ADHD in Relationships: How to Overcome Frustration Now!
Living with ADHD can contribute to misunderstandings, frustration and resentment in close relationships.
The ADHD brain is wired differently in its ability to hold onto multiple directions, focus and perform a related task before it is forgotten. Impulsivity can cause an individual to blurt things out or act without thinking. Challenges with emotional regulation can make it difficult to discuss things in a composed, calm manner.
The first steps to transforming your relationships, whether it be with a partner, child, close friend or colleague, is to understand how ADHD is showing up for each person in the relationship.
Rebuild with Understanding
If you’re the person with ADHD, you may feel endlessly criticized and nothing you do feels good enough. As a result of feeling constantly nagged and reminded that you didn’t or aren’t meeting expectations, you may become defensive. You may unintentionally withdraw because you just can’t take in more feedback that you’re not measuring up.
If you’re the person without ADHD, you may feel ignored, unacknowledged and unheard. You may feel that you’re the only one in the driver’s seat taking responsibility for everything that needs to get done. You may feel like a warden, constantly reminding. Over time, you may feel like the person with ADHD doesn’t seem to care about what’s important or even care about you.
Here are three tips to help you improve your relationships living with ADHD.
Acknowledge the Impact of Your Behavior
• Accept responsibility and understand that the symptoms of ADHD aren’t what’s causing challenges, but rather how each person responds to the symptoms.
• Validate, acknowledge and respond to each other so everyone feels heard.
• In a romantic partnership, avoid the parent-child dynamic, where the non-ADHD partner takes the role of a controlling parent and the ADHD partner takes the role of struggling child. This dynamic causes resentment and frustration for both partners. Furthermore, it's unmotivating for the partner with ADHD who will feel that there’s no use in trying.
Connect by Communicating
Rather than arguing over details, address the feelings behind what triggered an incident. For example, if an individual with ADHD is late, rather than arguing over the details of being late, address the underlying, deeper meaning that lateness represents.
• Use "I-Statements" to start with the feelings. “I feel like I'm not being cared for when you walk in the door late.” Leading with feelings can open up deeper communication and understanding of what’s important and relevant to each partner.
• Keep ADHD symptoms in mind, such as challenges with time management in the above example. ADHD symptoms are not an excuse for behavior, but they add some context and can assist in de-personalizing a situation.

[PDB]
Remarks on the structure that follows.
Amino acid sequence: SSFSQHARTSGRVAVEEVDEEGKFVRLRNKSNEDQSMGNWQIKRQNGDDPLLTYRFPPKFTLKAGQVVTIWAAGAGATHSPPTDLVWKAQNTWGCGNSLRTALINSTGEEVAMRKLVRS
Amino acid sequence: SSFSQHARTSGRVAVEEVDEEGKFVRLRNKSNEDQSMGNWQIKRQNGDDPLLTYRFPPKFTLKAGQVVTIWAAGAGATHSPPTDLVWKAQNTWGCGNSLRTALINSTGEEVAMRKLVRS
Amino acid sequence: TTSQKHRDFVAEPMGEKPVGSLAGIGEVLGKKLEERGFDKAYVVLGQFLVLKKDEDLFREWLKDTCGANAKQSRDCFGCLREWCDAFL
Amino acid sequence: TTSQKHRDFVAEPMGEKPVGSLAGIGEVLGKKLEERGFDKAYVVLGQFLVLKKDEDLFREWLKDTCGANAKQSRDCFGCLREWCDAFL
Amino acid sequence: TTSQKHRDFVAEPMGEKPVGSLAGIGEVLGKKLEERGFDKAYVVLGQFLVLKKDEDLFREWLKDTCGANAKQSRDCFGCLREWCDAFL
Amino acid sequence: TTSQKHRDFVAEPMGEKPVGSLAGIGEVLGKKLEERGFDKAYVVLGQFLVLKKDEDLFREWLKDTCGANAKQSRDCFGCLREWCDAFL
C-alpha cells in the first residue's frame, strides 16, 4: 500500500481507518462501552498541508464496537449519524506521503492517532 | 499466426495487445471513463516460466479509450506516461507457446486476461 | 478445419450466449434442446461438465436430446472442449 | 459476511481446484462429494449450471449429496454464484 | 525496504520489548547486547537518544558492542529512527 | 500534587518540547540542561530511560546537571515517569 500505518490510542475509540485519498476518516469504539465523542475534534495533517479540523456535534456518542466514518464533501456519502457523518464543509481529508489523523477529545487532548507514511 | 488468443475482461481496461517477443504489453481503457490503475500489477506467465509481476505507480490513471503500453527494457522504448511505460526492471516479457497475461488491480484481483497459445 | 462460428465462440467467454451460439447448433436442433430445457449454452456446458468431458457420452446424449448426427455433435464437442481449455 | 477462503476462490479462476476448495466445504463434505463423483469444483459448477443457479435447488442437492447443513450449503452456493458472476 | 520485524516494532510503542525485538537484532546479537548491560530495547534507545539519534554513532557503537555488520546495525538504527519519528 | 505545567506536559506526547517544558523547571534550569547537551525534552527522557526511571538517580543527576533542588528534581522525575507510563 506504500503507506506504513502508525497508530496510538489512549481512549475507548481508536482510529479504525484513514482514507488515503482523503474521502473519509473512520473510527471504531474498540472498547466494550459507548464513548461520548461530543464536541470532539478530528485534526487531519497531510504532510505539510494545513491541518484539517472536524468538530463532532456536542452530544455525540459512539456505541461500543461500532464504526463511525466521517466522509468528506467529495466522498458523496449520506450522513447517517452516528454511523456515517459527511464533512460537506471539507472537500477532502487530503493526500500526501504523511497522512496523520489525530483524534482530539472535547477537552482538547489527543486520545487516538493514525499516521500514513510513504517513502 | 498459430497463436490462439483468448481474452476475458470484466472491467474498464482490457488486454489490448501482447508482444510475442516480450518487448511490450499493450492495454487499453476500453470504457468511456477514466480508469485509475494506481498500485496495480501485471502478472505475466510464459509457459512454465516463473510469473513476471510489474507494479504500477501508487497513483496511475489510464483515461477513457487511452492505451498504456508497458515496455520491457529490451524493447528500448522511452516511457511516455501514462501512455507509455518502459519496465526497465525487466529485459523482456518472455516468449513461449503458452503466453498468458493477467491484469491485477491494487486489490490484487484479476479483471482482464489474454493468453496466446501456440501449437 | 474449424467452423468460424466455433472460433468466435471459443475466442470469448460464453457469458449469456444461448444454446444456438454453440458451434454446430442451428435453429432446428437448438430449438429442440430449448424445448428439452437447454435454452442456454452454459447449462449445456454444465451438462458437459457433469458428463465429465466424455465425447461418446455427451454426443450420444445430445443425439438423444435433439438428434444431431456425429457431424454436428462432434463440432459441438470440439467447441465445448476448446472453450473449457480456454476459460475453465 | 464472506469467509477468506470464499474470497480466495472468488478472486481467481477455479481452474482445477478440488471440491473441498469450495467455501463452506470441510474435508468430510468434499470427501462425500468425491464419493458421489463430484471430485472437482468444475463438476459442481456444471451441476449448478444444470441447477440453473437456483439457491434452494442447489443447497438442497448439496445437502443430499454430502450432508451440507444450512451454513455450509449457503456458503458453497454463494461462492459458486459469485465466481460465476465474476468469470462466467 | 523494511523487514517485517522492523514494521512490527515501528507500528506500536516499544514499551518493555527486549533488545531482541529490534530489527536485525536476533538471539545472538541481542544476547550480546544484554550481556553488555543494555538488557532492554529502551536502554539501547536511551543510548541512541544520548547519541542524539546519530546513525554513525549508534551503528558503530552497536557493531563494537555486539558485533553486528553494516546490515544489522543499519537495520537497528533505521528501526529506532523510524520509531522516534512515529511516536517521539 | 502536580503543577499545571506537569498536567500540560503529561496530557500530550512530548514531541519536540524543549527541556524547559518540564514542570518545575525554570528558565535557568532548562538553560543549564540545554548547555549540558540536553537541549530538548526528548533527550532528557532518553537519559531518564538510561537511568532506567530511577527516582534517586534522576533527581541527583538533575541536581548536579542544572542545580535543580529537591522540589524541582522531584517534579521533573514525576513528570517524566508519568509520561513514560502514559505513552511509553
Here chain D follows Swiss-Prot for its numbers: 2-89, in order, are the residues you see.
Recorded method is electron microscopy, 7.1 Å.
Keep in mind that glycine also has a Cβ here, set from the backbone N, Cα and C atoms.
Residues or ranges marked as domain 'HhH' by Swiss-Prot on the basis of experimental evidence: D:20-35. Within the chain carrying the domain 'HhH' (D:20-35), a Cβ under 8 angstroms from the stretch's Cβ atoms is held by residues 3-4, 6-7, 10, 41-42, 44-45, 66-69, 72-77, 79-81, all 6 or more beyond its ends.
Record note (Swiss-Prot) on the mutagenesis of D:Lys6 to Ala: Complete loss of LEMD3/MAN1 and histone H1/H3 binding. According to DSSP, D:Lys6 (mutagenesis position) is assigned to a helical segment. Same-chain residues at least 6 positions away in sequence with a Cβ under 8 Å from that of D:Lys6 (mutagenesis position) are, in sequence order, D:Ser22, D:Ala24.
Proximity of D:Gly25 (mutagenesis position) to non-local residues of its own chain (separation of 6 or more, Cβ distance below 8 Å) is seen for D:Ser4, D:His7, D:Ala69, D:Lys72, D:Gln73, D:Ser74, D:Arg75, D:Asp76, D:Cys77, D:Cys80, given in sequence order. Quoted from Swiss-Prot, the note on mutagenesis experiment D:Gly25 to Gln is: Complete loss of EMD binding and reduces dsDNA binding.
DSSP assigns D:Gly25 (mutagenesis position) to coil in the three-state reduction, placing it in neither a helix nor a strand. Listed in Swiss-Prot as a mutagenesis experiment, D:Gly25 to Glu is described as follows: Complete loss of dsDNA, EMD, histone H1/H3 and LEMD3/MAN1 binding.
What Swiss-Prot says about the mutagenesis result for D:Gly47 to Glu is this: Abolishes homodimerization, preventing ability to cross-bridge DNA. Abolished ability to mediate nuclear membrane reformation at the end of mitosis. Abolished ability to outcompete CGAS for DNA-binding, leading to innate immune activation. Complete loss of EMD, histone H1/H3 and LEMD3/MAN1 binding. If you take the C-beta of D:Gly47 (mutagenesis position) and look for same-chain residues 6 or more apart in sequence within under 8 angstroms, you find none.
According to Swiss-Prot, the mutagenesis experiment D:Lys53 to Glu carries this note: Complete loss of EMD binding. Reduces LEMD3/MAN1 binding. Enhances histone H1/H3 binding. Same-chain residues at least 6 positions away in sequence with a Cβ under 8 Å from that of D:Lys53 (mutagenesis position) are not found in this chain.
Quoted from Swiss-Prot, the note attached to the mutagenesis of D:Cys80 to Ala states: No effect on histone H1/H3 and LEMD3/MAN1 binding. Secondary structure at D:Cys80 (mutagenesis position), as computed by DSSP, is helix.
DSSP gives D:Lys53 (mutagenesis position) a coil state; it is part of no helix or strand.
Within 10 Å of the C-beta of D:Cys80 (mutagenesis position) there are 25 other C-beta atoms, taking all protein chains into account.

• Communicate face-to-face, ask questions and don’t be afraid to clarify what you hear. This is especially important for the partner with ADHD who may have a tendency to feel they may miss parts of a conversation.
Even with all the “right” tools to communicate, it’s important to block out pockets of time to collaborate and support one another. This can be in the form of a once-a-week logistical meeting, for partners and/or families and colleagues. Tasks can be discussed, split up based on strengths, and followed-up on. The bonus of these meetings is less nagging, less withdrawing, and less overwhelm. All involved know they can count on the logistics meeting to discuss projects and tasks, and move forward with getting things done. In a romantic relationship, you can also have a separate meeting where you only focus on your relationship, no logistics at all.
• Try to avoid interrupting, which for a person with ADHD, can be a strategy to make sure they remember what they want to say. If curbing interrupting is tough, experiment with writing a few key words to capture your thoughts. If you’re inclined to try this,you might want to inform the person you’re communicating with about your intentions, so they don’t misinterpret your actions as a distraction for not paying attention to what they are saying.
• For a person without ADHD, communicate in small chunks and pause, so that the person with ADHD can absorb what you are saying. During this pause, the person with ADHD can clarify what they heard to check for understanding.
• Focus on what each person is trying to achieve, rather than whether they were successful in their actions. For example, if he or she lost focus or didn’t completely accomplish a task, that doesn't mean he or she doesn't care.
To summarize, living with ADHD has an effect on relationships, whether it’s with romantic partners, family members or colleagues. It’s important to understand that the symptoms of ADHD aren’t what’s responsbile for causing the challenges, but rather how each person responds to the symptoms.
To improve your relationships living with ADHD:
• Acknowledge the Impact of Your Behavior
• Connect by Communicating
Experiment with some of these and let me know how it goes for you!
PS. Need more assistance improving understanding, reducting frustration and building resilience living with ADHD?
Contact me for an ADHD Strategy Assessment and we can talk about some solutions you can put into place now!
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